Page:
China Wants Only the Cleanest Trash
(Bloomberg Businessweek) -- China’s Yunnan Xintongji Plastic Engineering Co. not long ago employed 180 people making construction pipes fashioned from the 3 million pounds of plastic trash it imported from the U.S. each year. Then in January, the Chinese government pulled the plug on lots of American junk and demanded exporters send only the cleanest plastic and paper waste, free of contaminants such as grease and broken glass. Without access to raw materials, XTJ had to lay off all but 30 of its workers and began running at 20 percent capacity.
So XTJ and its U.S. exporter, Atlanta businessman Song Lin, got creative. They’re readying their own recycling plant south of Macon, Ga., to collect scrap plastic, clean it, and “pelletize” it before shipping it to China. Two other Chinese companies recently agreed to buy or build U.S. factories to acquire waste materials, some of which will be bound for the mainland, says Bill Moore, an Atlanta-based paper recycling consultant. And, based on his talks with industry contacts, a dozen more deals could be forthcoming, he says.
“These companies in China are absolutely starving for this material,” says another recycling consultant, Bob Gedert. “Many have said they will close up shop if they don’t get the materials.”
Modern economies depend on huge amounts of paper for everything from cardboard shipping boxes to packaging for consumer goods. But after decades of industrial expansion, China’s forest resources are largely tapped out, says Hannah Zhao, an economist covering recovered paper for RISI Inc., a forest products industry research firm. That’s made the country heavily dependent on imports of wastepaper, or “fiber” as it’s referred to in the business, to run its paper mills.
So while China’s import guidelines have rocked the global recycling industry, no one is feeling the pinch more than the country’s own factories. Chinese manufacturers are hunting for assets in the U.S., Southeast Asia, and elsewhere, hoping to send back contaminant-free recyclables that will get past newly strict inspectors. They plan to capitalize on the imbalance between cheap recyclables in the U.S. and soaring prices in China, where recovered cardboard is fetching 60 percent more than a year ago, RISI says.
In May a unit of Hong Kong-based Nine Dragons Paper Holdings Ltd. bought mills in Biron, Wis., and Rumford, Maine, from a Canadian company for $175 million. The mills will make paper and packaging products for North American customers, but may expand production to turn U.S. wastepaper into pulp—the raw ingredient of paper—and ship it to China, says Brian Boland, a vice president of Nine Dragons subsidiary ND Paper. The pulp will provide raw material for Nine Dragons’ eight paper and containerboard plants in China and one in Vietnam. “Nine Dragons is operating a number of mills, and they want to make sure they’ve got paper to run on,” Boland says.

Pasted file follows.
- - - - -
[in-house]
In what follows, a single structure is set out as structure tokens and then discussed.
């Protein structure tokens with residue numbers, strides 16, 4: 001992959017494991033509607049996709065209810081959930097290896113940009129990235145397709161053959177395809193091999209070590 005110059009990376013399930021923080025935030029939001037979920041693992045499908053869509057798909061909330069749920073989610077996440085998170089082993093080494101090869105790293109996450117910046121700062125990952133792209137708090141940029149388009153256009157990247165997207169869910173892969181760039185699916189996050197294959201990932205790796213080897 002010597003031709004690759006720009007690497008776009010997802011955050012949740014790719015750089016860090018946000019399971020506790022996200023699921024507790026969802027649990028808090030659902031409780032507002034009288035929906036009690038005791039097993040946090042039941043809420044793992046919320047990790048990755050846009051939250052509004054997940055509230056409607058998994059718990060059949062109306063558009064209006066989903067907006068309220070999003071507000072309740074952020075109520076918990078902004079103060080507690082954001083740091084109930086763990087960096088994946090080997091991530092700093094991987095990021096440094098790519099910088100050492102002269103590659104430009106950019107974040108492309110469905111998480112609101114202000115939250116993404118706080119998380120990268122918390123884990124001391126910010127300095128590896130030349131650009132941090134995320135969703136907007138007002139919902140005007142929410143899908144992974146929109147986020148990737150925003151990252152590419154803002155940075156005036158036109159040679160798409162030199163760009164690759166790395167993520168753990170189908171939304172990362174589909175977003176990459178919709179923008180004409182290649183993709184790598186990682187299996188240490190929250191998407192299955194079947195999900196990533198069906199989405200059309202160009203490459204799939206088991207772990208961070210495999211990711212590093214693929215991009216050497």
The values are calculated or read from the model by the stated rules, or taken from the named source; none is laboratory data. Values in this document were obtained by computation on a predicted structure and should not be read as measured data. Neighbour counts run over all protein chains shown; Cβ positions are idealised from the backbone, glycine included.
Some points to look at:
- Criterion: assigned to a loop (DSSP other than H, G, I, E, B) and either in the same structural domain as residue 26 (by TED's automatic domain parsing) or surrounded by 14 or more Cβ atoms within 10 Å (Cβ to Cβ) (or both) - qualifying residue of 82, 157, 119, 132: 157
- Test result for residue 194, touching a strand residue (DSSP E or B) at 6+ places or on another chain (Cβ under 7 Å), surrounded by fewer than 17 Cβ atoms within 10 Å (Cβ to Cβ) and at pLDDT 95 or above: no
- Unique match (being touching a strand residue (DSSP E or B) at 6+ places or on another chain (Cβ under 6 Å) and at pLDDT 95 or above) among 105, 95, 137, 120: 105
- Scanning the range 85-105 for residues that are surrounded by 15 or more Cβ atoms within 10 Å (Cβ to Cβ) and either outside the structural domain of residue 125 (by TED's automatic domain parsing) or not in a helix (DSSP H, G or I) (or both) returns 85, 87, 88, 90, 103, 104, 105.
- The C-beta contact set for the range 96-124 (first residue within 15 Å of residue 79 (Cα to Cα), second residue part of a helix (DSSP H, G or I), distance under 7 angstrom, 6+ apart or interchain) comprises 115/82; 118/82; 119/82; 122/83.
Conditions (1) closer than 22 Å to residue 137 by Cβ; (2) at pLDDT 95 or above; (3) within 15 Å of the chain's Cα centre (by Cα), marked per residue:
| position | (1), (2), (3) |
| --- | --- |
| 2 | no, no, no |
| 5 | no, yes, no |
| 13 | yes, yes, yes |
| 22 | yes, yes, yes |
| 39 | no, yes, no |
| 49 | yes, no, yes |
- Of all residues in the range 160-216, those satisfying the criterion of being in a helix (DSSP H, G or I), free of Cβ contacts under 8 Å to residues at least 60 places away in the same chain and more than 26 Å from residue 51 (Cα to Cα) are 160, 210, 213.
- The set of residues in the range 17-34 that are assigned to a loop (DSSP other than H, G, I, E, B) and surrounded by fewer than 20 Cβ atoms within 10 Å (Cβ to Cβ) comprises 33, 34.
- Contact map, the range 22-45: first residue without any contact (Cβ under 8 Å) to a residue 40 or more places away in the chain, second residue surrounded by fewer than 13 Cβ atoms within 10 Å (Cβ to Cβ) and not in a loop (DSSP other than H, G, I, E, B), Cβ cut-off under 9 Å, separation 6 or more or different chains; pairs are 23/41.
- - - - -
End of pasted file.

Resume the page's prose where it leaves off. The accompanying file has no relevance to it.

Following the same model is Ecomelida Inc., a recycler controlled by Zhangzhou Sanlida Environmental Technology Corp., based in China’s southern Fujian province. It will collect Americans’ used Tetra Pak cartons, which hold milk, juices, and broths found in grocery stores, and recycle their paper and plastic in a new $52 million plant in Orangeburg, S.C. Another of Ecomelida’s U.S. production lines will make pulp out of discarded paper and send it to China. “If there’s not enough raw material, we cannot grow,” says Yang Huang, an executive vice president who oversees Ecomelida’s U.S. operations.
For years, China had lenient standards for scrap imports, and much of the plastics and wastepaper that arrived in container ships was loaded with contaminants, such as cheese-encrusted pizza boxes. Much of it had to be discarded because those contaminants can’t easily or economically be separated out. The government this year started demanding a cleaner trash stream in a bid to keep extra waste out of its own landfills.
American recycling programs and processing plants have struggled to meet the stricter standards. U.S. exports of recovered paper to China fell 39 percent in the first five months of this year, U.S. export data show. A ton of recovered cardboard fetches $74 in the U.S., where it sold for $170 a year ago, according to RISI. Some inferior grades of paper and plastic are bringing so little revenue that some U.S. recycling programs consider it to be more economical to stick it in landfills.
Giant waste hauler Waste Management Inc., which has a big recycling operation, expects the effects of the glut in recycled products to reduce its earnings by $100 million in 2018, double the impact it expected earlier this year. The company has found a new home for some of its “mixed paper,” a low grade of recycled paper, in places such as India and Thailand, says Brent Bell, vice president for recycling. However, it’s more expensive to ship recycled materials to those places than to China, which historically has had cheap rates thanks to a surplus of shipping containers on the U.S. West Coast that would otherwise have to return to China empty, he says.
A bigger worry is the recent news that China’s Ministry of Ecology and Environment has proposed a rule that, if enacted, would ban imports of all forms of solid waste. An all-out ban would force U.S. recycling companies to find new outlets for America’s waste. Says Joshua Zaret, a forest products senior analyst at Bloomberg Intelligence: “That would be horrible, because as bad as it is, can the rest of the world pick up that slack?” —With Jack Kaskey
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